1. Not finding help here? Sign up for a free 30min tutor trial with Chegg Tutors
    Dismiss Notice
Dismiss Notice
Join Physics Forums Today!
The friendliest, high quality science and math community on the planet! Everyone who loves science is here!

Forces on a pail being lowered/pulled up, with/without water

  1. Oct 3, 2011 #1
    A homework question mostly dealing with FBD, but i missed a week of class so im a bit behind..

    A pail is suspended from a vertical rope, wrapped around a winch, so that the pail can be raised or lowered inside a well.

    a)The weight of the empty pail is 4N. Suppose the pail is descending vertically with increasing speed. Draw a FBD for the pail. Is the tension in the rope larger than, smaller than, or equal to 4N? Explain.

    b)After being filled with water, the full pail has a weight of 20N. When this full pail is being pulled vertically up with constant speed. is the tension in the rope larger than, smaller than, or equal to 20N? Explain your reasoning.



    Attempt at solution:

    a) for the FBD, i can only think of two acting forces, tension and weight, in opposite directions. Because the pail is being lowered with increasing speed, does that mean the Fg > Ft, thus the tension in the rope is less than 4N?


    b)When the pail is full and being pulled up, will that mean the opposite, Fg < Ft?


    I know its a simple question, and im probably over thinking it, but itd be great if i could be certain!
     
  2. jcsd
  3. Oct 3, 2011 #2

    PeterO

    User Avatar
    Homework Helper

    You were correct in (a) and incorrect in (b), indicating it may have been a lucky guess in (a)

    For (a), in what direction is the acceleration? In what direction is the net force? What does that mean for Fg and Ft?

    For (b), in what direction is the acceleration? In what direction is the net force? What does that mean for Fg and Ft?
     
  4. Oct 3, 2011 #3
    a) The acceleration is down, but is the net force up because it is equal to tension?

    b) I think i see where i made the mistake, the pail, now full of water, is pulled up at a constant speed. So then Fg = Ft.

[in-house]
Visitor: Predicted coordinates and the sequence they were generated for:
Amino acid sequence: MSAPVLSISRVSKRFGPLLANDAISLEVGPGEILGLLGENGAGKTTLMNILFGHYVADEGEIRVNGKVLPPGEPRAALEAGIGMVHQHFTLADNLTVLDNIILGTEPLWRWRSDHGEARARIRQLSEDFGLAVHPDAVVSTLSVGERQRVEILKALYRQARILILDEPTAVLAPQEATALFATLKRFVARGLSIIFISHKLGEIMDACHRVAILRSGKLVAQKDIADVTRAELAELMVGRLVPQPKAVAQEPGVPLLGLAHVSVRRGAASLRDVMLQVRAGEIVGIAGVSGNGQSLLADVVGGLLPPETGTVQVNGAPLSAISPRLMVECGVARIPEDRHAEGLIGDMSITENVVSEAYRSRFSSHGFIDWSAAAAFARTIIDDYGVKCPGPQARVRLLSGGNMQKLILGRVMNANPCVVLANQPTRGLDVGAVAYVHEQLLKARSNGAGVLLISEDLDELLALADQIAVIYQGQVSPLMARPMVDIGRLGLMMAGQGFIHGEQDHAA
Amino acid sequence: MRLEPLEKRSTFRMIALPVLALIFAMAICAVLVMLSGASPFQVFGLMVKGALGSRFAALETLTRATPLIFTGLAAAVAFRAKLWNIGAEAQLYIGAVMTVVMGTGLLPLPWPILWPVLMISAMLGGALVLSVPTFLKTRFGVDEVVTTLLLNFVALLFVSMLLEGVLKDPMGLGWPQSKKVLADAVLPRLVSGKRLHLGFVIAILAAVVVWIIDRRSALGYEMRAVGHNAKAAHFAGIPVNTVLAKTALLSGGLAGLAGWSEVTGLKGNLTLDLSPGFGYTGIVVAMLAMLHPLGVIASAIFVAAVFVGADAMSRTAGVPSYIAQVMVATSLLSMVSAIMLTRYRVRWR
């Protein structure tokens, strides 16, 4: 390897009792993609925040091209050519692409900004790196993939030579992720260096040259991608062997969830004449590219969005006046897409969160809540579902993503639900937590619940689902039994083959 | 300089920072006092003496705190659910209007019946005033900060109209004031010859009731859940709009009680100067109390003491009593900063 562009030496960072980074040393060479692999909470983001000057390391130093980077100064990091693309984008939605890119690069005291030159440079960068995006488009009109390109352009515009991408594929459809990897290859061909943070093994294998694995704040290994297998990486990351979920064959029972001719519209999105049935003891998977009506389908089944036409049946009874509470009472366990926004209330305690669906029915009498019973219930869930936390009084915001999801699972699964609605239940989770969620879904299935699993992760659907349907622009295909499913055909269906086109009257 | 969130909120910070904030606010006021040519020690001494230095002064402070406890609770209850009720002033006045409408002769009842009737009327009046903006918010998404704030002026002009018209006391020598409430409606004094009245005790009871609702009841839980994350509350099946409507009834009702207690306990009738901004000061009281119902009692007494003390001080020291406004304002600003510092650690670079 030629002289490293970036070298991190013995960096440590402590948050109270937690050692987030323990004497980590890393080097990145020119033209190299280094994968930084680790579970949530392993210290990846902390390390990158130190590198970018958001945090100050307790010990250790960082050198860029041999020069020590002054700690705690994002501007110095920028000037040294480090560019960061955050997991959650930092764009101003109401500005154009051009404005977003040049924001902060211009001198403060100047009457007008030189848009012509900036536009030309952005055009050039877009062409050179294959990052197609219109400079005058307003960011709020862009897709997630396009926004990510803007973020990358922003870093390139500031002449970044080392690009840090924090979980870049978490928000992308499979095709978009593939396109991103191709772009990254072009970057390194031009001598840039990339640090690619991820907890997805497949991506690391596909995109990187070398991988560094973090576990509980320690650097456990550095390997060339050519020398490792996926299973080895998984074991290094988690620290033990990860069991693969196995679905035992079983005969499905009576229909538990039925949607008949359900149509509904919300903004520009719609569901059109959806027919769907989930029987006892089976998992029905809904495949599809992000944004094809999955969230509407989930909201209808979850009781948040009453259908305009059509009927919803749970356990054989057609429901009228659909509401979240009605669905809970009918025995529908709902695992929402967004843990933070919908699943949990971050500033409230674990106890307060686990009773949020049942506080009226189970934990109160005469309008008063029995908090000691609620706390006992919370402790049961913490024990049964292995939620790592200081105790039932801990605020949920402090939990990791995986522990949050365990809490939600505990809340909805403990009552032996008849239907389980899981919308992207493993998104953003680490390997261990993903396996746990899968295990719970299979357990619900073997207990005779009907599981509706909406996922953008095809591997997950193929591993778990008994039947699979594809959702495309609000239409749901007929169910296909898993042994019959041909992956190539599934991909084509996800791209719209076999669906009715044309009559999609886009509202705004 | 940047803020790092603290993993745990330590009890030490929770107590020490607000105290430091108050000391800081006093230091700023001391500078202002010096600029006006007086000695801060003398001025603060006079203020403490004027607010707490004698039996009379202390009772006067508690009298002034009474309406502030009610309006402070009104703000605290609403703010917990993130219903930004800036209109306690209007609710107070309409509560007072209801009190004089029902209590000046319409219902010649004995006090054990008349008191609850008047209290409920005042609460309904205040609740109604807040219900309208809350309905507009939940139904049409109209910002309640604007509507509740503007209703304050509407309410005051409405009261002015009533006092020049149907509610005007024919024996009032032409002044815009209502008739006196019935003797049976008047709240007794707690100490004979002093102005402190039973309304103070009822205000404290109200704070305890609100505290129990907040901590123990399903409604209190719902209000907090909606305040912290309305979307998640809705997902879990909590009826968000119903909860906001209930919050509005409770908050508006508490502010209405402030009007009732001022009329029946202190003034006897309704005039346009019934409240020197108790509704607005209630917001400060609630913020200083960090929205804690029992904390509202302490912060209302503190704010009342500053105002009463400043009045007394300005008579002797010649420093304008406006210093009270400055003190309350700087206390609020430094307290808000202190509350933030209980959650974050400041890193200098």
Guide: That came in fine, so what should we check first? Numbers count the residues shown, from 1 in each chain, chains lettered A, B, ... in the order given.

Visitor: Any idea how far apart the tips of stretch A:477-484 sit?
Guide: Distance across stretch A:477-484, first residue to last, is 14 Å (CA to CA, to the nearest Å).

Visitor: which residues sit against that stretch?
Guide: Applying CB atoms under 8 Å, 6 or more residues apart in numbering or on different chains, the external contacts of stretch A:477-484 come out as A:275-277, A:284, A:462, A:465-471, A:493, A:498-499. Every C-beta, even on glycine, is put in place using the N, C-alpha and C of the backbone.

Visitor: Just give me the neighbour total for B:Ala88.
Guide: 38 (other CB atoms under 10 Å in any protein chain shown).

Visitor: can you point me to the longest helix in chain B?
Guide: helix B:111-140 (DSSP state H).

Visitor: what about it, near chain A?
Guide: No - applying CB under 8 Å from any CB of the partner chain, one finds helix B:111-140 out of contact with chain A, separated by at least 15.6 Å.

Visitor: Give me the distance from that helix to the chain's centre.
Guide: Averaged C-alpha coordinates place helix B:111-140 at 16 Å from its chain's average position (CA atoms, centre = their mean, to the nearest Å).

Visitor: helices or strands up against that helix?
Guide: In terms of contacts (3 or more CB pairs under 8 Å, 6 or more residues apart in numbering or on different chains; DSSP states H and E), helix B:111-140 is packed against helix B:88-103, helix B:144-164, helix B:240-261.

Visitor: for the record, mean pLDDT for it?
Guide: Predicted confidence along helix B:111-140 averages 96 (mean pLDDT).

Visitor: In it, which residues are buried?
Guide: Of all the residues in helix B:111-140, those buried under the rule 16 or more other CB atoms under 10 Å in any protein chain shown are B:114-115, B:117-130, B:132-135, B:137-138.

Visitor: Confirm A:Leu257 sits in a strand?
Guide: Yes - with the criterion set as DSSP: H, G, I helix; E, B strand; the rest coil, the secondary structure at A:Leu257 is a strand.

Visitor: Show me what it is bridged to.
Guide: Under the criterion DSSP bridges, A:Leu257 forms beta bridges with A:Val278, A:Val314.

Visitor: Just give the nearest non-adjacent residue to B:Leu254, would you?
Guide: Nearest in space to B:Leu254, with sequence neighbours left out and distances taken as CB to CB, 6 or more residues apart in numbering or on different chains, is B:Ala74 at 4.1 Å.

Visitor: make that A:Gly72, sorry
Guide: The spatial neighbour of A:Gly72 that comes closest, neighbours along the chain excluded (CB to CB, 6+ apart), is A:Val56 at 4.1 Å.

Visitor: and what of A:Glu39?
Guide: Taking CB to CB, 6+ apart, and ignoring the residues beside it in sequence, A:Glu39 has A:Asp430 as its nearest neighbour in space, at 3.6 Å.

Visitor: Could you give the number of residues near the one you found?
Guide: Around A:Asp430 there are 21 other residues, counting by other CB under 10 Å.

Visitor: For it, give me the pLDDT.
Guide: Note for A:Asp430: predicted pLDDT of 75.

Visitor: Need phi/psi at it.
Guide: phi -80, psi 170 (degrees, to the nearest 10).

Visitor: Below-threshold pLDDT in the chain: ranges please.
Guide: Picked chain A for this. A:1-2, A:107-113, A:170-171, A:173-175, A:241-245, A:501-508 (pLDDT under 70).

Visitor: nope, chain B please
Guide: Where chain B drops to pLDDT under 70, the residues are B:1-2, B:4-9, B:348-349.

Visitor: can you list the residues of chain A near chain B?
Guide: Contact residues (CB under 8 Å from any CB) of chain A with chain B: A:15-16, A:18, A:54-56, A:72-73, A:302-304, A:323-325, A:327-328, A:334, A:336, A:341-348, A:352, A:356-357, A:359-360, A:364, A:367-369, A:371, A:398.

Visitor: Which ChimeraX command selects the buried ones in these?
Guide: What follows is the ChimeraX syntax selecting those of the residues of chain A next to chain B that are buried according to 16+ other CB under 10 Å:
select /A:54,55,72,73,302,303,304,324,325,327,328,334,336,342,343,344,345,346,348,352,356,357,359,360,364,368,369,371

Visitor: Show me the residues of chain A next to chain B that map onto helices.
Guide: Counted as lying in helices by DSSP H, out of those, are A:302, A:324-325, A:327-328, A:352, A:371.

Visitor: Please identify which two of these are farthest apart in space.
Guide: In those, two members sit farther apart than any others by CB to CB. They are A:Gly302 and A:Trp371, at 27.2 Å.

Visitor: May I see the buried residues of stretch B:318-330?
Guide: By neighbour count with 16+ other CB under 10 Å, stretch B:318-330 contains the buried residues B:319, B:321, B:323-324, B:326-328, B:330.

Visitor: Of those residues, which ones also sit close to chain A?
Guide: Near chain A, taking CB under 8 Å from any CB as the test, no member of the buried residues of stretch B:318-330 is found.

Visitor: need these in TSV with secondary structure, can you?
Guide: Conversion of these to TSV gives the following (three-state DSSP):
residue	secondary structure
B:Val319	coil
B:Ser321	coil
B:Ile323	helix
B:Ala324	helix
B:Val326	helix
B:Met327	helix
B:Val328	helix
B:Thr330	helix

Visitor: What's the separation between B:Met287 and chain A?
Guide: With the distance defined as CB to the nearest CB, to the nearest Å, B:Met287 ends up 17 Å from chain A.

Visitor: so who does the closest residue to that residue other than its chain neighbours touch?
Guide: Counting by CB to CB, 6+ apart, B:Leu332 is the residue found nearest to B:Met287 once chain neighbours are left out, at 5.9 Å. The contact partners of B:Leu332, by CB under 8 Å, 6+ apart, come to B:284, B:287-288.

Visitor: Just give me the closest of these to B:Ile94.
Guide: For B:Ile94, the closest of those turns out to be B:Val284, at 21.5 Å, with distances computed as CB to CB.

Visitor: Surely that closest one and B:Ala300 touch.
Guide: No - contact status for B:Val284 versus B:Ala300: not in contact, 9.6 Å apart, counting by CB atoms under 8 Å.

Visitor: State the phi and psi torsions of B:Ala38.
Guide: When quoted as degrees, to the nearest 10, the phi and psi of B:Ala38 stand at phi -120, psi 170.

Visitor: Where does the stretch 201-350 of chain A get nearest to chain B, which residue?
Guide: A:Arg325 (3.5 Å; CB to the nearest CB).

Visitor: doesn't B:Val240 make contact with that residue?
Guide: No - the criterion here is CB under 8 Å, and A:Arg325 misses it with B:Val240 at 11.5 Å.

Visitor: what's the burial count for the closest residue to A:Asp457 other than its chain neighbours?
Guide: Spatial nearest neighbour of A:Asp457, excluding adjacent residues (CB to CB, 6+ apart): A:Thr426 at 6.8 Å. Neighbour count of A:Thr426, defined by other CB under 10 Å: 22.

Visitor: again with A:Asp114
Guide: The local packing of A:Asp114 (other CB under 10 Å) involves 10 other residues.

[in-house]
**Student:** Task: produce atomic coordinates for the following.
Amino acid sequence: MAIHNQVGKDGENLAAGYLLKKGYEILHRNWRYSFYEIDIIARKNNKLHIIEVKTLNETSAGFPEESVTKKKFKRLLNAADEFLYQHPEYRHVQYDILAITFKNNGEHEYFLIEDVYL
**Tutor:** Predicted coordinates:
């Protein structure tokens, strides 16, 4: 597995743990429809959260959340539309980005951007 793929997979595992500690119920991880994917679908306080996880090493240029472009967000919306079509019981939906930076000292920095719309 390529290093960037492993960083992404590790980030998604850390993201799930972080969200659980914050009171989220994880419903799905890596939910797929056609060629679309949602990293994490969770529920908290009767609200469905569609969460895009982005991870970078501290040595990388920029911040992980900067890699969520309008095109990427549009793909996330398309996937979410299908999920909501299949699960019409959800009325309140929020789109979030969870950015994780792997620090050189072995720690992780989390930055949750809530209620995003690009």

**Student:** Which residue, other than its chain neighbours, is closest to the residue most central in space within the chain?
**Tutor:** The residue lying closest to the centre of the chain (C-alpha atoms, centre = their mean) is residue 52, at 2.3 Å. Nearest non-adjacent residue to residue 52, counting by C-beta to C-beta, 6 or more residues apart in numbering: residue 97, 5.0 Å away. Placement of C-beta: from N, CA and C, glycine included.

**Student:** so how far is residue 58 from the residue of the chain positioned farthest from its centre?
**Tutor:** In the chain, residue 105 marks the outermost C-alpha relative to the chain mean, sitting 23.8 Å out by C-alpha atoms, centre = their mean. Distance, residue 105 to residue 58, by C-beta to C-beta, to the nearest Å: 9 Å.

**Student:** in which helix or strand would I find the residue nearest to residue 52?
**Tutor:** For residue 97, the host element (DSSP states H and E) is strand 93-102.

But its still unclear to me how tension, force of gravity and net force are related? Ive read other threads and im still unsure..
     
  5. Oct 3, 2011 #4

    PeterO

    User Avatar
    Homework Helper

    (a) F = ma tells us that Force and acceleration are in the same direction, so the net force is down. That means Fg exceeds Ft as you said. I thought you may have guessed.

    (b) you are now correct Fg = Ft.
     
  6. Oct 3, 2011 #5

    PeterO

    User Avatar
    Homework Helper

    Tension and Force of gravity are the actual forces acting on the object. They are vectors.
    The vector sum of the two give the net force.
    The Net force is the F in Newtons 2nd Law. F = ma.

    When the bucket accelerates down, Fg > Ft so that the net force is down.
    eg. if Fg is 3N down, and Ft is 2.5N up, the net force is 0.5N down.

    When the bucket is acceleratng up, Fg < Ft so that the net force is up
    eg if Fg is 3N down, and Ft is 4 N up, then net force is 1N up.

    If the bucket is not accelerating, Fg = Ft, so that the net force is zero.
    eg if Fg is 20N down and Ft is 20N up, then the net force is zero.
     
  7. Oct 3, 2011 #6
    Thank you PeterO, i believe i understand now, for B) even though the pail is moving up, it is at a constand speed so Fg-Ft = Fn. Fn=ma=0 so Fg=Ft!! Thank you!!
     
Know someone interested in this topic? Share this thread via Reddit, Google+, Twitter, or Facebook




Similar Discussions: Forces on a pail being lowered/pulled up, with/without water
  1. Chain being pulled up (Replies: 12)

Loading...